The purpose of this quantitative, nonexperimental, cross-sectional, correlational study was to investigate if there was a relationship between organic food consumption on ADHD symptoms in children aged 6–12 living in the United States. The theoretical foundation used for this study was the social cognitive theory. The target population were the parents with children with ADHD diagnosis willing to provide information regarding their child’s organic food consumption and the child’s academic performance. The research questions for the study: What relationship, if any, exists between children’s organic food intake and symptoms as measured on the Vanderbilt Scale and what relationship, if any, exists between children’s organic food intake and academic performance as measured on the Vanderbilt Scale?. The Results from the simple linear regression analyses showed that based upon the initial full data set (N = 116). Results indicated that food frequency was not a predictor of ADHD symptoms based on an alpha level of .025, b = 0.031, t (114) = 2.20, p = .030. A second regression analysis was conducted after listwise deletion of records considered to contain identified outliers. This second analysis indicate that food frequency was a significant predictor of ADHD symptoms, b = .037, t (111) = 2.61, p = .010, r2 = .058. The results for the second analysis showed that food frequency was not a significant predictor of academic performance. b = .037, t (111) = 2.61, p = .010, r2 = .058.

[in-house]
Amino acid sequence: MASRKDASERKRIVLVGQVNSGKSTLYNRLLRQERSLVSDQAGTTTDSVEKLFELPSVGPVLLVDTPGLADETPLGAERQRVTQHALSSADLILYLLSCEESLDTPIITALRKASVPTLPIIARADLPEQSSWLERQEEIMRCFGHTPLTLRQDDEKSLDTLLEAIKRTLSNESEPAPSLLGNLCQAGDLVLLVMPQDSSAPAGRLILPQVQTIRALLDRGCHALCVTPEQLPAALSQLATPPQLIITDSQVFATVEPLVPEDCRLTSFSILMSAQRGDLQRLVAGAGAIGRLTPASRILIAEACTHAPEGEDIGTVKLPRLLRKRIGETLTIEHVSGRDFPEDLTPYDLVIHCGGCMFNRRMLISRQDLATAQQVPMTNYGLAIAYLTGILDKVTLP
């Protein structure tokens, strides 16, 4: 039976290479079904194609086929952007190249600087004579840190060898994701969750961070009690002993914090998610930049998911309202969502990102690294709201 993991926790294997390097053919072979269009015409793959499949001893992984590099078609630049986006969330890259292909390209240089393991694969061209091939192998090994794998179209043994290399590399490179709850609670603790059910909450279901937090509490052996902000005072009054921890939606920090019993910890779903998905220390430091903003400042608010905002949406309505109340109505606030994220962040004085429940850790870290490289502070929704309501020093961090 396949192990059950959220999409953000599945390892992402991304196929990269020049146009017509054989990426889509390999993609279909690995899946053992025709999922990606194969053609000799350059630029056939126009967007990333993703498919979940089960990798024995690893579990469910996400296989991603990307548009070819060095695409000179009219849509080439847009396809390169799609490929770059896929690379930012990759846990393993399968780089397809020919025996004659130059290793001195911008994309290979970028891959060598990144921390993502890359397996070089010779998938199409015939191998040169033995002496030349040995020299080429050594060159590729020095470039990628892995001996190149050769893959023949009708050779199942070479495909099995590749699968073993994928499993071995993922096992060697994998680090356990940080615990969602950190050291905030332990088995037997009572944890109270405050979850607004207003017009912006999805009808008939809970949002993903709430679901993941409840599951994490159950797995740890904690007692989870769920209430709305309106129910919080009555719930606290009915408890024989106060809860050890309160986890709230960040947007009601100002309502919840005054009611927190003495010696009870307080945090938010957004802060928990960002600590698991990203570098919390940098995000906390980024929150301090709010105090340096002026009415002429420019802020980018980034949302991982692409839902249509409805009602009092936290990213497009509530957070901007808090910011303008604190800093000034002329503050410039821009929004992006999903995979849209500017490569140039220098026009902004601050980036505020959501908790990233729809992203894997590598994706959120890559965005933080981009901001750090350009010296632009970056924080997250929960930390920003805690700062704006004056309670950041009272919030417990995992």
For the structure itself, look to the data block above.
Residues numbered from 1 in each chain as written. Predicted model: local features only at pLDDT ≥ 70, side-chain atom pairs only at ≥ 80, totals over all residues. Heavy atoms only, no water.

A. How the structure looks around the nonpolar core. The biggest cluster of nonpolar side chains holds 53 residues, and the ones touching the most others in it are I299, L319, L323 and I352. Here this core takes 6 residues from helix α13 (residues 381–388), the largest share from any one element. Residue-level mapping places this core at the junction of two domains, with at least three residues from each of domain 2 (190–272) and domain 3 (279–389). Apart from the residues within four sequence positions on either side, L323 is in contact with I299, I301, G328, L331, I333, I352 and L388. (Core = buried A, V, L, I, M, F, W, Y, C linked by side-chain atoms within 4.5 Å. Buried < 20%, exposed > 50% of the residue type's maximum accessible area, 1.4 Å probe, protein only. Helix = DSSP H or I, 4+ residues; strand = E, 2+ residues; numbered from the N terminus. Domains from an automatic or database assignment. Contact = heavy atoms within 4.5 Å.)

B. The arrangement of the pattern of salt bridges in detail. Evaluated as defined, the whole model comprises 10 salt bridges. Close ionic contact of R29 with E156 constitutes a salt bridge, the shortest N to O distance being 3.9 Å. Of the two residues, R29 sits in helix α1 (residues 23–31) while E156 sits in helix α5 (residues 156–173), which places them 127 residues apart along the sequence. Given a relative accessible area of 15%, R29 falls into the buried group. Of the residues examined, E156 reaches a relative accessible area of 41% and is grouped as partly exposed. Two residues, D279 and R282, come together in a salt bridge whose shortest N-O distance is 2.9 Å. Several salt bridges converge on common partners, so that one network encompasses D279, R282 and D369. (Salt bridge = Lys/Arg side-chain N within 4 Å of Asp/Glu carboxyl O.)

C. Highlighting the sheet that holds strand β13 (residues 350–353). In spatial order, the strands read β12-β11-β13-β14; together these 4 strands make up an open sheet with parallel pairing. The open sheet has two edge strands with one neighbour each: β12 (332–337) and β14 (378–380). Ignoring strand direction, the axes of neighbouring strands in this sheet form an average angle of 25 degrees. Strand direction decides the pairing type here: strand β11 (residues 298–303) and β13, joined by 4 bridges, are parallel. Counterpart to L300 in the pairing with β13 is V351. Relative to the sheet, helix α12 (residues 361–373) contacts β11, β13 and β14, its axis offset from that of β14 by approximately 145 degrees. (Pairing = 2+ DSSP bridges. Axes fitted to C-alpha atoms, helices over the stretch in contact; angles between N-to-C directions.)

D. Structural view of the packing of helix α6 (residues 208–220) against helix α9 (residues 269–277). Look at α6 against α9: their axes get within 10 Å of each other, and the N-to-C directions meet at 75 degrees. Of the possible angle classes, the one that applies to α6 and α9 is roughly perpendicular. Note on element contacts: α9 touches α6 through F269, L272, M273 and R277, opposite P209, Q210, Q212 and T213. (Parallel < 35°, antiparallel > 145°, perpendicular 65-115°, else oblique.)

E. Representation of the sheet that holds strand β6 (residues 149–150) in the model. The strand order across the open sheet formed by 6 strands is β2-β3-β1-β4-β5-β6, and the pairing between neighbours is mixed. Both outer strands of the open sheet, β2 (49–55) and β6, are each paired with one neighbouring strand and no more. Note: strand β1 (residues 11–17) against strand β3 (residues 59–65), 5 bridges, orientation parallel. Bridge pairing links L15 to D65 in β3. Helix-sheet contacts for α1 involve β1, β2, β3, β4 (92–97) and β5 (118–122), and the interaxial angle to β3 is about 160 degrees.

|Commitee:||Girdley, Angela, Wilk-Blaszcza, Malgorzata|
|School:||Grand Canyon University|
|Department:||College of Doctoral Studies|
|School Location:||United States -- Arizona|
|Source:||DAI-A 81/12(E), Dissertation Abstracts International|
|Subjects:||Psychology, Behavioral psychology, Education, Clinical psychology, Nutrition|
|Keywords:||Academic performance, ADHD, ADHD symptoms, Organic food, The Food Frequency Questionnaire, The Vanderbilt Scale for ADHD|
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